Read Full Post »

It’s too late.  Dr. Brian Postl has no credibility.  Given Brodbeck’s post on the Ontario eight-hour guarantee, I would have been skeptical from the start.  But now that WRHA CEO Brian Postl has come out in favour, I can’t imagine how Manitobans can think of this as anything more than empty promises from a health bureaucracy that has nothing left to give.

My impression is that the WRHA’s version of a wait time limit will be yet another layer of bureaucracy that penalizes and further demoralizes front-line staff while the true source of the health care crisis (ever-expanding RHA bureaucracies) is unaffected.

Here is an interesting post about wait time limits: Wait Time & Delayed Care: Should the US & Canada Adopt England’s 4 Hour ER (A&E) Wait Time Guarantee

If the WRHA and the NDP government want to get serious about health care guarantees, they should be looking holistically at patient’s rights.  This is what the Manitoba Liberal Party has been proposing.

I will be posting soon in more detail about health care in Manitoba, due to some questions I’ve received, so I hope to cover patient’s rights in more detail then.

As long as Dr. Postl and the NDP government are in charge of health care, all of the “ideas” will be reactionary.  We need a proactive health care leadership, and we’re not getting that in Manitoba.  We deserve better.

Read Full Post »

Dr. Jon Gerrard has posted an entry on his blog explaining why he feels that it is important for both Dr. Postl and Dr. Wright to resign:

Why I have called for the resignations of Dr. Brian Postl and Dr. Brock Wright

In addition, we now have word from the Minister of Health that she has known since October that Brian Sinclair had asked for help at the triage desk:

Minister sat on truth about ER death

Where is our Premier?  Does he have nothing to say on this embarrassment?  There is only one leader in the legislature who is actively pursuing this matter and making his opinions known day to day, and that’s Dr. Jon Gerrard.

Unfortunately, neither Hugh McFadyen or Tory Health Critic Myrna Driedger have made their responses available to the public.

And of course, as with all other complete failures by the NDP government of Manitoba, the Premier is staying as far away from the issue as possible.

Now that’s leadership.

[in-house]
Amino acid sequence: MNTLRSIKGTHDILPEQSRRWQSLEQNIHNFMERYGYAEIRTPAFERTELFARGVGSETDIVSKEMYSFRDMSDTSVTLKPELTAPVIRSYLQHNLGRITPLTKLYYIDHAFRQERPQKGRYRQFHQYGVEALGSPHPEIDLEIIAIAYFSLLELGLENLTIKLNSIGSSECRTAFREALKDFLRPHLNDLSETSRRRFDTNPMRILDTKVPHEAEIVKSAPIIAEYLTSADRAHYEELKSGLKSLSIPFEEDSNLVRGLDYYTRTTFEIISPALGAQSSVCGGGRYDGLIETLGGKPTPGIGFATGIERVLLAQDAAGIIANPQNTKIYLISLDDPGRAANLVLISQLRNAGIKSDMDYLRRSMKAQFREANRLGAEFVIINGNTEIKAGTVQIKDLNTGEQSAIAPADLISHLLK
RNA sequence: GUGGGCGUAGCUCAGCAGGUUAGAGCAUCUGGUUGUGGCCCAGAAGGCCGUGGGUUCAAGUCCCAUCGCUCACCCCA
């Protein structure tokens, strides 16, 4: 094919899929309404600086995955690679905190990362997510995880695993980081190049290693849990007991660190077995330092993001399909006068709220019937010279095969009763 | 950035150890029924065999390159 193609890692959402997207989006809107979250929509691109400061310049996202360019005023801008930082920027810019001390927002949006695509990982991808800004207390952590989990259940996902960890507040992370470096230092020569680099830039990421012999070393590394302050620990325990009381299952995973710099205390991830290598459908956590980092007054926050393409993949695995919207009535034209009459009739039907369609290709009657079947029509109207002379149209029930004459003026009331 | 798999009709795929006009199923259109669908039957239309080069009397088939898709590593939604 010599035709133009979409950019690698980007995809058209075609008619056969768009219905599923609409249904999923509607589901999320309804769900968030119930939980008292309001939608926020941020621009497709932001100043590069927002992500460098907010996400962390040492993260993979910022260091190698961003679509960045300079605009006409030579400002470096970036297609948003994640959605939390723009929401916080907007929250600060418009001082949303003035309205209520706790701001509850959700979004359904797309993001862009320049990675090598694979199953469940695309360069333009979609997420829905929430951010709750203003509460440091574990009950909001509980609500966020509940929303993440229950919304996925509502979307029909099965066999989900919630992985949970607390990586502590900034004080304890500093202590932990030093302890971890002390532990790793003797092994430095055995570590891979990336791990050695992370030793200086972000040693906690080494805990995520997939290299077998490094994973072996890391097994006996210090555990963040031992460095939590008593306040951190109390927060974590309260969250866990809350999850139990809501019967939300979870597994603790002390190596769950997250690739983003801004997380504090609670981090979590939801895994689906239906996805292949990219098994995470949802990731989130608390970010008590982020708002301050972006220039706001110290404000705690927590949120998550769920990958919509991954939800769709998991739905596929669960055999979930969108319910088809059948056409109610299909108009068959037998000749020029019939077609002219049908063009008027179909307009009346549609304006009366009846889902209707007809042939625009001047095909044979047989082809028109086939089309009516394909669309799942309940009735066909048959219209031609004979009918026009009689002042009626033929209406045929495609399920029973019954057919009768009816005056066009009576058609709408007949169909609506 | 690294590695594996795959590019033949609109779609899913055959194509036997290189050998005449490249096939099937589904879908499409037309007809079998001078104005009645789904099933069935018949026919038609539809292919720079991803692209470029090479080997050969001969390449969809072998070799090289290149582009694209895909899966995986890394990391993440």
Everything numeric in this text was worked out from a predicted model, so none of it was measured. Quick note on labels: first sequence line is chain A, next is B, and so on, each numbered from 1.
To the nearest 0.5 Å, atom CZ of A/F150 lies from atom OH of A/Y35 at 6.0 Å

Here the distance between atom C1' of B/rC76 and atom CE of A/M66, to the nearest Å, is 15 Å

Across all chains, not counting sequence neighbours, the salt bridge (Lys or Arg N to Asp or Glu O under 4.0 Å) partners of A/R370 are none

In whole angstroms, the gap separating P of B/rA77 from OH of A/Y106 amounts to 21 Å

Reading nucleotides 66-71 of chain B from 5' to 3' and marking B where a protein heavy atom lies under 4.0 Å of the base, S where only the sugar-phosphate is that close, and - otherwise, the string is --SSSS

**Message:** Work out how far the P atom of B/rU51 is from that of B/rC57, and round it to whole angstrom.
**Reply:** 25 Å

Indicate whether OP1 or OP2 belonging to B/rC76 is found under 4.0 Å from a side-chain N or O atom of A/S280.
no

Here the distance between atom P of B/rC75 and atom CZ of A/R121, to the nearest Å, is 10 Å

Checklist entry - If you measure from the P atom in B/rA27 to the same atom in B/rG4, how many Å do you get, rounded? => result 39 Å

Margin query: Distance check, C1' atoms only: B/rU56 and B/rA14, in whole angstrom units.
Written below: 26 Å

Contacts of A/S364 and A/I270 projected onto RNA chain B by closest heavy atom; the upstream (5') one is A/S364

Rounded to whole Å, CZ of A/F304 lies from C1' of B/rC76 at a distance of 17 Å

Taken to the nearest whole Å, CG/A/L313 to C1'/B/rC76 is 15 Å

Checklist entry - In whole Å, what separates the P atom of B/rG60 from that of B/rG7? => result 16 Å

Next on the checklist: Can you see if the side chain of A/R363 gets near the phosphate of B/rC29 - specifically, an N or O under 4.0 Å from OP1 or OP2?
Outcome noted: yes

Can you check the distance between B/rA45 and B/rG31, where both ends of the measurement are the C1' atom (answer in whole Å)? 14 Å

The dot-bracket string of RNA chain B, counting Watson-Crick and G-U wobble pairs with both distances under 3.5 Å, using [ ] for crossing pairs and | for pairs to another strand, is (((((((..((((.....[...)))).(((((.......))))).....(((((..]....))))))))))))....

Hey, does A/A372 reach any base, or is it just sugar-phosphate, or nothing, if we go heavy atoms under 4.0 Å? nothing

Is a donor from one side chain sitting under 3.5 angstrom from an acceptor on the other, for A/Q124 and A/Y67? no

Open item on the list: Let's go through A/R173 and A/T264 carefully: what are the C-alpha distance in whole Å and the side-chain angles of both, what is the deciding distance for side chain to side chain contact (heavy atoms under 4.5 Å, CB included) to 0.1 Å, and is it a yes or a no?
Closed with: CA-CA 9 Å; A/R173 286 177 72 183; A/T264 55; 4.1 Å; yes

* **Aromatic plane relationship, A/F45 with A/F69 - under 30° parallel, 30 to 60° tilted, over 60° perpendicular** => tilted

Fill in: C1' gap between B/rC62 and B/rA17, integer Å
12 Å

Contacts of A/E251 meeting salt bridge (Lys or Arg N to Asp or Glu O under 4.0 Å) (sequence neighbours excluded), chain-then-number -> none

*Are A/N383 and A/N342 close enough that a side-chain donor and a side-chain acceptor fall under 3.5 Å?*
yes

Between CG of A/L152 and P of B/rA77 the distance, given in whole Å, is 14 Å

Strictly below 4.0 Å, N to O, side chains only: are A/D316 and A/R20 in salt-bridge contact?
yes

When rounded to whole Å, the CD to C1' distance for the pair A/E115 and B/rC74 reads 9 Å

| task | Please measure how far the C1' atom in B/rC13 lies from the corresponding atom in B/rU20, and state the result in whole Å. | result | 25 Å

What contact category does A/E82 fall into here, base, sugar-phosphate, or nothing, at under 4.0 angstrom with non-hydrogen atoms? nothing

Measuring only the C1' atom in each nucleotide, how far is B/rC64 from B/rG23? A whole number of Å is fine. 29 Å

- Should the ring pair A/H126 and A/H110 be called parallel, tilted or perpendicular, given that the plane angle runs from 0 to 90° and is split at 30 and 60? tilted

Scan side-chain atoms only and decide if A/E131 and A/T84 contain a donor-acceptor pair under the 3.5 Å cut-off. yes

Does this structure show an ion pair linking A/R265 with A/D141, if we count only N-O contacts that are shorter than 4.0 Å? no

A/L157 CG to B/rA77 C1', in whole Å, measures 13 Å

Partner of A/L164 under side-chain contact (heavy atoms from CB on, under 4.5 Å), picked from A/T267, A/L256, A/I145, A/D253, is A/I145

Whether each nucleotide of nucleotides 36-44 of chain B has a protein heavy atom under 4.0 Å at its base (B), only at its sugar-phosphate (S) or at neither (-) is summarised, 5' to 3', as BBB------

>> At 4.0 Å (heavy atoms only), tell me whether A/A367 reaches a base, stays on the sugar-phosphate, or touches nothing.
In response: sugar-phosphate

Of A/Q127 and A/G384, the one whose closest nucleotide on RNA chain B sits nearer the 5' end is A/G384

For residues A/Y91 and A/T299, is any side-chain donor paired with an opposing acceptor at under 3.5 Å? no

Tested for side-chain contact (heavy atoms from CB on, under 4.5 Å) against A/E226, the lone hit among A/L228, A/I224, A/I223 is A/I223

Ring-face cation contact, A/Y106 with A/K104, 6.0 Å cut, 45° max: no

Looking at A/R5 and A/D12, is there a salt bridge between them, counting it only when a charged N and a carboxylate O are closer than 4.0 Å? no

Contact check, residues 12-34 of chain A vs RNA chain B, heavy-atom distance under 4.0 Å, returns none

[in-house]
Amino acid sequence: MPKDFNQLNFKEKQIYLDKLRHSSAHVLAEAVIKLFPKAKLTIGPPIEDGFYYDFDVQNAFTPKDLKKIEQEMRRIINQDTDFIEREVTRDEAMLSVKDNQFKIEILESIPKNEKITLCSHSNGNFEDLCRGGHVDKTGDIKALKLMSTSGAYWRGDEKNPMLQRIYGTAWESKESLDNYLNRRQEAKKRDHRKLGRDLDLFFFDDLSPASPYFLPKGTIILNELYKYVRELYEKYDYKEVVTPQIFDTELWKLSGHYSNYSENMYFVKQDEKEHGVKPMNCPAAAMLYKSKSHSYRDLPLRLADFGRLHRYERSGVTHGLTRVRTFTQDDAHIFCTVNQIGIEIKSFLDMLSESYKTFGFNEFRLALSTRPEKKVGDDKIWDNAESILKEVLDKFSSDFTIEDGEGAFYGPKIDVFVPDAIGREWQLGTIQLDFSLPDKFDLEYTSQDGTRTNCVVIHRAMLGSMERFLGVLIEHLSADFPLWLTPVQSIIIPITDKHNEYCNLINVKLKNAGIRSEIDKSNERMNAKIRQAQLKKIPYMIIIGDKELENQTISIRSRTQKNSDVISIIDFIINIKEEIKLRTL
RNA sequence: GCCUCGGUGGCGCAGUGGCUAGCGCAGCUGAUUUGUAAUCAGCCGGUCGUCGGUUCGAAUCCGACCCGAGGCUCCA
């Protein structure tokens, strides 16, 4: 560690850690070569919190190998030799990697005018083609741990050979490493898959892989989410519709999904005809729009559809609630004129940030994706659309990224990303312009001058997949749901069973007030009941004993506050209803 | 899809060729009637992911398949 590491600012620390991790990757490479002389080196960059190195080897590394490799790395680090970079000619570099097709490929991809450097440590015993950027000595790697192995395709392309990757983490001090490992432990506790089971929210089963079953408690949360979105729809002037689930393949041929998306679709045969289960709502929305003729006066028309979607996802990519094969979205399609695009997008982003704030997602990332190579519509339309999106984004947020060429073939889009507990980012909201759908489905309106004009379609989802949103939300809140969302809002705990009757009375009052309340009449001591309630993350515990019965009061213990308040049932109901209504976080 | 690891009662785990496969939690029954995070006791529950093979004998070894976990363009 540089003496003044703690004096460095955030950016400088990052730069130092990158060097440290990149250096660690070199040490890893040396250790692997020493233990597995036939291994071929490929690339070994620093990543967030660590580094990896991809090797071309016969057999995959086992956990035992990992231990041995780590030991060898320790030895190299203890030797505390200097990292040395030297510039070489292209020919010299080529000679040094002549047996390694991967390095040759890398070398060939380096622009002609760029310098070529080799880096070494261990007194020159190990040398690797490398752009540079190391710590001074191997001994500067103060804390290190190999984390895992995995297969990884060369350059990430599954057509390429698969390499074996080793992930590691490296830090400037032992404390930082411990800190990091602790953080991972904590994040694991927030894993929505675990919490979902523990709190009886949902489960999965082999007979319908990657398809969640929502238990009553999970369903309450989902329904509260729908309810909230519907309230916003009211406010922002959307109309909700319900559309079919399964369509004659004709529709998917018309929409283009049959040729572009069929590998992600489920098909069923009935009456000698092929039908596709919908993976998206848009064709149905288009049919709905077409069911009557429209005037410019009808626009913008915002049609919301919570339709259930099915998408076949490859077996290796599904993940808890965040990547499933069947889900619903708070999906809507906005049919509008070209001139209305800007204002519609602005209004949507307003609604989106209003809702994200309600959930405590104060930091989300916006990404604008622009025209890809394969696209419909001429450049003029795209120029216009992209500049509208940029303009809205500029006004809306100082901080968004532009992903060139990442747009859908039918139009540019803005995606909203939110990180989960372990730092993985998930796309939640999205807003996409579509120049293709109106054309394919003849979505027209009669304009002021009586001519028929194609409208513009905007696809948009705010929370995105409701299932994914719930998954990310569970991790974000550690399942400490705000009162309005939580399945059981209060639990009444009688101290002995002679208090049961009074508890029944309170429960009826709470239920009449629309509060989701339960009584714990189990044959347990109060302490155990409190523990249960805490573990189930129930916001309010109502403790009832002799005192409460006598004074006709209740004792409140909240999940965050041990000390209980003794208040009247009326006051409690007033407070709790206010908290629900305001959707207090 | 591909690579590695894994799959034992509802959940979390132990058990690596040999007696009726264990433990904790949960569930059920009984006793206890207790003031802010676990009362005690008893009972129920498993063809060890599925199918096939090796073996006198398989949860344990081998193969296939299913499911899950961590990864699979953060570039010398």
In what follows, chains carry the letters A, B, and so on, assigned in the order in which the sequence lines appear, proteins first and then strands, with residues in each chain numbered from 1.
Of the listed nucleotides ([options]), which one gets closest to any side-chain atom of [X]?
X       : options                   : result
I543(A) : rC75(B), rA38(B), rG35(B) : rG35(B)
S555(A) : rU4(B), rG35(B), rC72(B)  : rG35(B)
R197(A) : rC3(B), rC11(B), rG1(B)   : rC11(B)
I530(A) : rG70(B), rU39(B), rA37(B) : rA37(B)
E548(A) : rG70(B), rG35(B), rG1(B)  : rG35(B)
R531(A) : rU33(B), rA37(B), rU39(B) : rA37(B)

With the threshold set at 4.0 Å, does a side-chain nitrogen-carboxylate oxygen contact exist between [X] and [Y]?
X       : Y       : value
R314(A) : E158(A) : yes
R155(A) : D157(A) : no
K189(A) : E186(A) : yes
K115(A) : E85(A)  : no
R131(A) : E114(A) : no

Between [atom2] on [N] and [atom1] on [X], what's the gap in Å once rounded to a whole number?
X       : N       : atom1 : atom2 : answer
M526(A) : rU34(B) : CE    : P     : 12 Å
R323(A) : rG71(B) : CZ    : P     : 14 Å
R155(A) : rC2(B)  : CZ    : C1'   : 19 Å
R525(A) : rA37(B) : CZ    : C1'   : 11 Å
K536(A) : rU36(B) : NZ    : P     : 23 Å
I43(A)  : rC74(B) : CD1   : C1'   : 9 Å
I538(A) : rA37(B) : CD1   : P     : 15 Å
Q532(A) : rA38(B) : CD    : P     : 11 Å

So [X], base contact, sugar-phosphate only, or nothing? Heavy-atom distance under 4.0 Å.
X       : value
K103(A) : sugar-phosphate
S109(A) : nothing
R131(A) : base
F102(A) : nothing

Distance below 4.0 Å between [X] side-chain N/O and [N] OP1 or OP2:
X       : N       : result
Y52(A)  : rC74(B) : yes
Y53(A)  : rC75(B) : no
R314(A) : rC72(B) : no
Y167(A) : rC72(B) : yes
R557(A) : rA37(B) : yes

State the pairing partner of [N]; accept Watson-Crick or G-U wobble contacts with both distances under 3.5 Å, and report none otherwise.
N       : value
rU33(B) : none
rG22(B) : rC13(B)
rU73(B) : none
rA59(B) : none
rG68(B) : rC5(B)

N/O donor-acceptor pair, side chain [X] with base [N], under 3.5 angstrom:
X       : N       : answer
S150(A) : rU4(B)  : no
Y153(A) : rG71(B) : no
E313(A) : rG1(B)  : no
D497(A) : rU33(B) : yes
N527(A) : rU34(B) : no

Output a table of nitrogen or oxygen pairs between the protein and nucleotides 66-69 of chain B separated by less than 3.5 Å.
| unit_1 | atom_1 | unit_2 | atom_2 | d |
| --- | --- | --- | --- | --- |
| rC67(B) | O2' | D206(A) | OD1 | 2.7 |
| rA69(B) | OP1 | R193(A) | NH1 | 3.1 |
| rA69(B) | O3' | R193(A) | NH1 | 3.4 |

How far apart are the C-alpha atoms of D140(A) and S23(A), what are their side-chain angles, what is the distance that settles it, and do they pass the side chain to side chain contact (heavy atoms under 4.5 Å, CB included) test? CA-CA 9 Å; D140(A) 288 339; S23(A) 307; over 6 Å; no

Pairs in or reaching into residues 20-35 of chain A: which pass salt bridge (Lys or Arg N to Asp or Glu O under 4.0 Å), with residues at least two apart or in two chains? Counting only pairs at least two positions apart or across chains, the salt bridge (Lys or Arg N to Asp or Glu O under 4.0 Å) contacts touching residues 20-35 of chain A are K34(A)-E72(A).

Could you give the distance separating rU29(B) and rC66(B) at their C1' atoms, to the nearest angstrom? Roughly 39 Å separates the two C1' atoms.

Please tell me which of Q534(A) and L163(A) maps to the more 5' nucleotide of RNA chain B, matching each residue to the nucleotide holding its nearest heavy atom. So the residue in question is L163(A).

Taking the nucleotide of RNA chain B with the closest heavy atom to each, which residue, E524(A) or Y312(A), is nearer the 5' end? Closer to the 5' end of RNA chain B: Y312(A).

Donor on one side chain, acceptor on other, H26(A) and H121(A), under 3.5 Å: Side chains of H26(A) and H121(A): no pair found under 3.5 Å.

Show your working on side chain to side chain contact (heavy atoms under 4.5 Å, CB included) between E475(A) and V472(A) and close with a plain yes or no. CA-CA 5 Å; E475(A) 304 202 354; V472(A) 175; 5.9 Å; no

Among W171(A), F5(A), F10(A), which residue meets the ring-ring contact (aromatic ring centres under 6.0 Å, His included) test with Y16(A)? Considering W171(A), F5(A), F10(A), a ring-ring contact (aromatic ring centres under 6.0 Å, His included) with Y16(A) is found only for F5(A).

Read Full Post »

Dr. Gerrard, leader of the Manitoba Liberal Party, has called for the resignations of WRHA CEO Dr. Brian Postl and chief medical officer Dr. Brock Wright.   Links: Winnipeg Free Press | Winnipeg Sun

Unlike politicians in other jurisdications who may be more quick to call for heads to roll, Dr. Gerrard does not like to make statements like this, especially as he knows and truly respects both men.  Contrary to what some may think, these events aren’t a “good thing” for any of the political parties.  This is an incredibly upsetting situation for all of us.

There have been many concerns of late with the conduct of the WRHA executive, and while I think the argument could be made that the Health Minister has given the appearance of being either unable or unwilling to correct the WRHA issues, I do believe that primary responsibility rests with the WRHA executive itself.

We need to send a message in this province that we are not willing to accept mediocrity when it comes to life-essential services.  What would we be saying if we allow the WRHA leadership to continue on its course when it has made so many errors?

As far as the Doer government’s charges of “politicizing the issue”, I have this to say: this issue becomes politicized when the government refuses to admit that it has reason to apologize.  The Minister of Health and the Premier of Manitoba do share some blame for what has happened.   The death of Brian Sinclair was a failure in policy and a personal error by front-line staff, and that deserves an apology from the Premier along with recognition that the recommendations made after the 2003 death of Dorothy Madden were not properly implemented.  The botched investigation by the WRHA is a step even beyond a tragedy caused by misguided practices; it makes the Minister of Health and the Premier responsible for the inaccurate statements they made, and leaves the WRHA with a serious credibility problem.

Rather than making this issue a divide between the NDP party and the rest of Manitoba, I’d like to see us all work together.  Let’s look at the good ideas being brought forward by the other parties and other provinces, and evaluate them openly.  Let’s have public hearings about our health care crisis, so that people can come forward and share their experiences, both good and bad (because there is some good, and we can build on that).

This isn’t a “throw the bums out” issue against the NDP; it’s a “fix the problem now” issue.  So let’s do just that.

Read Full Post »

I read an interesting post at Endless Spin Cycle: Anatomy of a Manitoba “Scandal”

I think the big problem with the WRHA and the NDP government’s Health Care in general is that it’s been a long string of failures with few successes (most “successes” being the result of more money on equipment or health infrastructure without solving the real problems).